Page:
2. Form in minimalist decorating
After pinpointing the furnishings a room needs, consider the form of each piece. Think of the basic shapes: squares and rectangles. Then think of the most common lines used in design: horizontal, vertical, diagonal, zigzag, and curved.
Followers of the De Stijl movement, which started in 1917 and is considered minimalism’s predecessor, limited itself to these forms for the sake of simplification and getting to the core essence of the art. While there’s no need to be this strict in your choice of forms, sticking to the basics will unify the room. Unity is needed to present the room as a whole and therefore minimized package. Lack abstract details will allow the eye to wander.
The master bedroom pictured may impress you as abstract—it’s anything but. Squares and rectangles dominate the room. The bed frame is composed of two square slabs that parallel each other. The bench, bed stand, and walls are all rectangular cut. The most adventurous forms are the bed stand’s zigzag legs and the curved shape of the planter.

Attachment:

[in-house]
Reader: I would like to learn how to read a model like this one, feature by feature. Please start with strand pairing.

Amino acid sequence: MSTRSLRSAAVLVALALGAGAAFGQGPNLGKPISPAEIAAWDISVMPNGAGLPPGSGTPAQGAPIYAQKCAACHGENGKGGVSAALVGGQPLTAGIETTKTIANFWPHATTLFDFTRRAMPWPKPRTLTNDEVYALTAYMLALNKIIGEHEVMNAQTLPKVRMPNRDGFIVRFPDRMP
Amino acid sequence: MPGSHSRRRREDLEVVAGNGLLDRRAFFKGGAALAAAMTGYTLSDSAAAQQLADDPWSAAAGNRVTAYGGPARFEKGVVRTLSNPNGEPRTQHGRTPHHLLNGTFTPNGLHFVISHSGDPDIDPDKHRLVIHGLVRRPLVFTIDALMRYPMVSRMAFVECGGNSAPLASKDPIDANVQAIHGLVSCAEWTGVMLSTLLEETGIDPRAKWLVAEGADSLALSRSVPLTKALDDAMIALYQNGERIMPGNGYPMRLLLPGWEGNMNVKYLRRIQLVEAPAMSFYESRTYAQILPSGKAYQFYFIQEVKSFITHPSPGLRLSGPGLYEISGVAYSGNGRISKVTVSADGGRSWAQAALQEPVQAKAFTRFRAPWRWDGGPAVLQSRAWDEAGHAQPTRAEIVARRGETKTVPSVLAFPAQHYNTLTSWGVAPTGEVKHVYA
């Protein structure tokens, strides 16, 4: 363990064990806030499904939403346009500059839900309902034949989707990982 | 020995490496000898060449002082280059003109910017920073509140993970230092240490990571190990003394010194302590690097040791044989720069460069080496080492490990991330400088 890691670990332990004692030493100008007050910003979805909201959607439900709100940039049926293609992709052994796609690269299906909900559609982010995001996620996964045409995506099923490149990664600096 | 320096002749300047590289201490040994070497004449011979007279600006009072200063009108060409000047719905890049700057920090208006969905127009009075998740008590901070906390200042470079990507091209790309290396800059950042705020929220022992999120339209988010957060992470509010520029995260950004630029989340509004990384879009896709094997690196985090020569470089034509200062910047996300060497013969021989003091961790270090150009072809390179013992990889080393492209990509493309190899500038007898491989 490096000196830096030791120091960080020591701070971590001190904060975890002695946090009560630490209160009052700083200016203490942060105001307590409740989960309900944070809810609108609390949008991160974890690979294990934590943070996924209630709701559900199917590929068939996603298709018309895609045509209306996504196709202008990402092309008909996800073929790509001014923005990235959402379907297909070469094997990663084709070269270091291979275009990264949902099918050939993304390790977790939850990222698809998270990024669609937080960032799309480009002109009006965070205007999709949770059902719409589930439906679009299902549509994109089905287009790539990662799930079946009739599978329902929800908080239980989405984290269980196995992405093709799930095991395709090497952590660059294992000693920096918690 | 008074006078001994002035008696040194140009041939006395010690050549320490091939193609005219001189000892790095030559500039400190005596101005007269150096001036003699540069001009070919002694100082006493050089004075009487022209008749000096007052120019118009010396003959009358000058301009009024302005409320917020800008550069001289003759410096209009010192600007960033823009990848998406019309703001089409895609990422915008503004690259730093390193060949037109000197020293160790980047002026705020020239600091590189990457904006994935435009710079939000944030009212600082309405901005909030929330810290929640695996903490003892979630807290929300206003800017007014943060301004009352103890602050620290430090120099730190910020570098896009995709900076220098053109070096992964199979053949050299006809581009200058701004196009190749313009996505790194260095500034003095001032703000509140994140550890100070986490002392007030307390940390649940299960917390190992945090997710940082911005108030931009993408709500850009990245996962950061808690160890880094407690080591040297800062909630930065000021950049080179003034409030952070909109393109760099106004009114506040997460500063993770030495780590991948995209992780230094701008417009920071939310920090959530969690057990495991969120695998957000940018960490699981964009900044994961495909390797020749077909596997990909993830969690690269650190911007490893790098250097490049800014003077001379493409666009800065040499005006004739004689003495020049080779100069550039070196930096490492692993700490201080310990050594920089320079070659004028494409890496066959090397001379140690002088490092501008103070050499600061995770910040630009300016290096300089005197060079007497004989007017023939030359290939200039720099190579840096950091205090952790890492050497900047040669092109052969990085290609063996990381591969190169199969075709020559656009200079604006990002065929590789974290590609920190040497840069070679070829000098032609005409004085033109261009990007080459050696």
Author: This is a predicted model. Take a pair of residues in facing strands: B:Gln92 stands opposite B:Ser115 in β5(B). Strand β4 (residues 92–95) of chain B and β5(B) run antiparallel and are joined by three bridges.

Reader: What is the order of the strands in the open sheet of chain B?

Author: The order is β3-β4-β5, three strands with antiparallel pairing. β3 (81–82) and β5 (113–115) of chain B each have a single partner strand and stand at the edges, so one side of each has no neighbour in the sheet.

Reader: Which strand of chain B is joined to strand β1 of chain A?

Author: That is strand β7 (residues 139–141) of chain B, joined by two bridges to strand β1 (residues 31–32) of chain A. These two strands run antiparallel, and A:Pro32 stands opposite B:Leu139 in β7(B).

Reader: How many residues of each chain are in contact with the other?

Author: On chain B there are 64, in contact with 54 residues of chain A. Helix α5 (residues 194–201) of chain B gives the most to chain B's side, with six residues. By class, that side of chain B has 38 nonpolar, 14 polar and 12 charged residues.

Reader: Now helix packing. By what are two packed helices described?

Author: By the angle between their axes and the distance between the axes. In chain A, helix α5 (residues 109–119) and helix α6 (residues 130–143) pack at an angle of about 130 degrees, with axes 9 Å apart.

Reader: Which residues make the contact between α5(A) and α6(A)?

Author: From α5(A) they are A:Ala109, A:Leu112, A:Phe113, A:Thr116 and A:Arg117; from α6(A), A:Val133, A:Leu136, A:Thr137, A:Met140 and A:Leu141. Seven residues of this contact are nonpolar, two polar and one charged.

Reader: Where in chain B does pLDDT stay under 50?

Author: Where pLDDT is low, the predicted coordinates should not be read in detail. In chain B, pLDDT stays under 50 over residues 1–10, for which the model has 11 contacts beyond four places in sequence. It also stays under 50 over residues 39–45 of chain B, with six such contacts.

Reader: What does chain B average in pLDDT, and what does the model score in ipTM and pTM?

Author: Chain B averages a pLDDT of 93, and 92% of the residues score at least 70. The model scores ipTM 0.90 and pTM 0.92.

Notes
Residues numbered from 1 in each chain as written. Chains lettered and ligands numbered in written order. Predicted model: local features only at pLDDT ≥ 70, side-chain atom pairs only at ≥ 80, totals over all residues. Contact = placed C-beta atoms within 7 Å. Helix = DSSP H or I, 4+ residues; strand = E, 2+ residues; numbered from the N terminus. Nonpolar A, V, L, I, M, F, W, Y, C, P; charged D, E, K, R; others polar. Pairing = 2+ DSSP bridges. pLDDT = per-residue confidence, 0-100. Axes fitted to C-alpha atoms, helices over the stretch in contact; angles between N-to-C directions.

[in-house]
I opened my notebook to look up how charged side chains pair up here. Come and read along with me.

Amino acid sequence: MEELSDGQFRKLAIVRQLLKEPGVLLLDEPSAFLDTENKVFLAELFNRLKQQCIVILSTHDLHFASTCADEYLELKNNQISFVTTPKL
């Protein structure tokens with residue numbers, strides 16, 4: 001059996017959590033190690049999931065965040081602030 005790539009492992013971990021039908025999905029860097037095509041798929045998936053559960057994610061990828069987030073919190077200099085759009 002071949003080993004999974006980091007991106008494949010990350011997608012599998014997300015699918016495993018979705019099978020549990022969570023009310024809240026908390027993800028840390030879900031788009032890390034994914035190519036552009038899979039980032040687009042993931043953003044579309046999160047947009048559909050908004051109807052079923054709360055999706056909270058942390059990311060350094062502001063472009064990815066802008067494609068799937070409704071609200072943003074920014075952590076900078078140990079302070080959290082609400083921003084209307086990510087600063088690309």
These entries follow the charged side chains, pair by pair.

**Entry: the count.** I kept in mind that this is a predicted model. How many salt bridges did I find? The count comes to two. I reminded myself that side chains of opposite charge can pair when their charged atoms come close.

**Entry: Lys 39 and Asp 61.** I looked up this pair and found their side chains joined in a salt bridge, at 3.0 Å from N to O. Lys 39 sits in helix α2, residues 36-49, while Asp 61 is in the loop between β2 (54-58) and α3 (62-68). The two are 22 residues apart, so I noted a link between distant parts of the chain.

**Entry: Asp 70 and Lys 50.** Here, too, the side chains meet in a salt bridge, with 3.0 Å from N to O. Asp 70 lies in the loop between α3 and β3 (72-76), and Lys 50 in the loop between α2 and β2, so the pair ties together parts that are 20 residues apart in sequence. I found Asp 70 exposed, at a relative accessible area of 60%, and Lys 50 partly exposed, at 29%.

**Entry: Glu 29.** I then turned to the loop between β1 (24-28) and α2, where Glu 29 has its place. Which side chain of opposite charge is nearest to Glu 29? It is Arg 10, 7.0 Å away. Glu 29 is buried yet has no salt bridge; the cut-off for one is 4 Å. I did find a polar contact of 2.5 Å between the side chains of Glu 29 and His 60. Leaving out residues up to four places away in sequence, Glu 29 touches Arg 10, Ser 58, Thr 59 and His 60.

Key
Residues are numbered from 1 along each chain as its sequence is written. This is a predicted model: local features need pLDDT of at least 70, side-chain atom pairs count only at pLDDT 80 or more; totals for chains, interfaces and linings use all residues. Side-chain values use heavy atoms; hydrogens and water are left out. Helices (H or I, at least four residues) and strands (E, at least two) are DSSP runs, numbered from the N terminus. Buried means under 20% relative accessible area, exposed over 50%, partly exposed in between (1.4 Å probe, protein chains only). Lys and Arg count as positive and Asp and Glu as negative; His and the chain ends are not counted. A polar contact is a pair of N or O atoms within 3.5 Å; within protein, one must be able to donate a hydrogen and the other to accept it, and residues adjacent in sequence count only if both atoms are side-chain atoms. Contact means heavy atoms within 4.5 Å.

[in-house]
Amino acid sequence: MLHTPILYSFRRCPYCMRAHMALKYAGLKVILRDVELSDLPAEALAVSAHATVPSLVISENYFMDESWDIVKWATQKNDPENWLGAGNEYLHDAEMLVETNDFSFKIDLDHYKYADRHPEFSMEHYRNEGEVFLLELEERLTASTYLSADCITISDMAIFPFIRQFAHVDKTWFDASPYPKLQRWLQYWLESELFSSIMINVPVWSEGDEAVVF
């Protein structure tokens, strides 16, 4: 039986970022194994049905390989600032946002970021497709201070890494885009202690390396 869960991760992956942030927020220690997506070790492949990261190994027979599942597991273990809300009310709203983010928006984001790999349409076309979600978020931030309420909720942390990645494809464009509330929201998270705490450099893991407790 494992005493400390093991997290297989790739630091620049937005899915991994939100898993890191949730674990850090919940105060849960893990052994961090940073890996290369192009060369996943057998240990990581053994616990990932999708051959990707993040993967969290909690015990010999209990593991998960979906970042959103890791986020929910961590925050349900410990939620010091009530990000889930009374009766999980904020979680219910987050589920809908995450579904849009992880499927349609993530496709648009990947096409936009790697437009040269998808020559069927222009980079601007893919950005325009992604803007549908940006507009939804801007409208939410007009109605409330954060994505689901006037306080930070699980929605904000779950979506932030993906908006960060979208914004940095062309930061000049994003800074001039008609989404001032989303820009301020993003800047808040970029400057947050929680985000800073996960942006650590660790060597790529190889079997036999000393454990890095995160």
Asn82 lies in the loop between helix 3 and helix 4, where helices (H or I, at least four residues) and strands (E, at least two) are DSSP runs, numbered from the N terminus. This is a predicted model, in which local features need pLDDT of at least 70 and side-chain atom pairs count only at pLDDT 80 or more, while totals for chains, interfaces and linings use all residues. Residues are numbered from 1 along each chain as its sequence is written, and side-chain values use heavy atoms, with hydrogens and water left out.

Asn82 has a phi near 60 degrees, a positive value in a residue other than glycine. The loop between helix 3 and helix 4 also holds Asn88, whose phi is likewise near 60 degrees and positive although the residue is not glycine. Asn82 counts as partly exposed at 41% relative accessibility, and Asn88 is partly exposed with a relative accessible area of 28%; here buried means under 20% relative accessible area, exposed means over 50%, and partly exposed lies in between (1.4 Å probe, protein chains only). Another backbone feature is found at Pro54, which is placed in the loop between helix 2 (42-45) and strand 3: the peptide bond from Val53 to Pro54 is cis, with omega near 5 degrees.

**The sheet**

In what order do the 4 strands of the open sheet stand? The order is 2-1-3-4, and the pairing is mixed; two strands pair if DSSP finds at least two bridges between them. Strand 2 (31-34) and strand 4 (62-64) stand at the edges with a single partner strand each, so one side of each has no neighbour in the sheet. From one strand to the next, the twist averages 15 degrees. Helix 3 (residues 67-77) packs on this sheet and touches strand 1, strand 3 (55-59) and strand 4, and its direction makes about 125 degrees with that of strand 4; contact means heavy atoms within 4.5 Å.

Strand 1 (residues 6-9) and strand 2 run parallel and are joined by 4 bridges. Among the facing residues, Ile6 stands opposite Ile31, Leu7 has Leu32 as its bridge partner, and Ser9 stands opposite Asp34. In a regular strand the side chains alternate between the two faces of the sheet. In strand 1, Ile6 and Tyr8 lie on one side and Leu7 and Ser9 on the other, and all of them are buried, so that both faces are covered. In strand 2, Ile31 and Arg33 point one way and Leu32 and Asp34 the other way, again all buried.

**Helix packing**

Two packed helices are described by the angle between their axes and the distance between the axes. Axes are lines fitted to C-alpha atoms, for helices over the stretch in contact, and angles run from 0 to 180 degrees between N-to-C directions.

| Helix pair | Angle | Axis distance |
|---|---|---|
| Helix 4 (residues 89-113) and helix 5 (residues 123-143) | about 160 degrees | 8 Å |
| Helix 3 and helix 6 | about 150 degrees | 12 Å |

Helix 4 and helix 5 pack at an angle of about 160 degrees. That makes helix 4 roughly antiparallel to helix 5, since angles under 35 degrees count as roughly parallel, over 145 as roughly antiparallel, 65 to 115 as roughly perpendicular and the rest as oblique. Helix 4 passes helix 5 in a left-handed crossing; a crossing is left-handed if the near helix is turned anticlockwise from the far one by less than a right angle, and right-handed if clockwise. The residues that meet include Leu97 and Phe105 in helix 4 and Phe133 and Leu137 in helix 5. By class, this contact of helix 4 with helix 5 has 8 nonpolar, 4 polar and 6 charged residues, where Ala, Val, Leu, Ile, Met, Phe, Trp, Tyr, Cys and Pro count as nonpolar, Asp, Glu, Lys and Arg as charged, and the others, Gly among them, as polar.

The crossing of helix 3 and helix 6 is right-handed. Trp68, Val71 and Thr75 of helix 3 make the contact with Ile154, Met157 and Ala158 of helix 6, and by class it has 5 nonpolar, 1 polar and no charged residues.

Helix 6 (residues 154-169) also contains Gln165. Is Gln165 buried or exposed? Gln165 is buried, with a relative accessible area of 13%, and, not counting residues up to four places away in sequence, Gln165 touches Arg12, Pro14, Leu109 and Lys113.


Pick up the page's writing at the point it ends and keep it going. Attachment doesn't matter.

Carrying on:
The bedroom’s loyalty to minimalist decorating principles grants it more liberty to incorporate experimental décor, as depicted by the West African–inspired touches woven into the industrialist skeleton pictured above. The weaved texture accents rather than dominates because of the room’s strong foundations.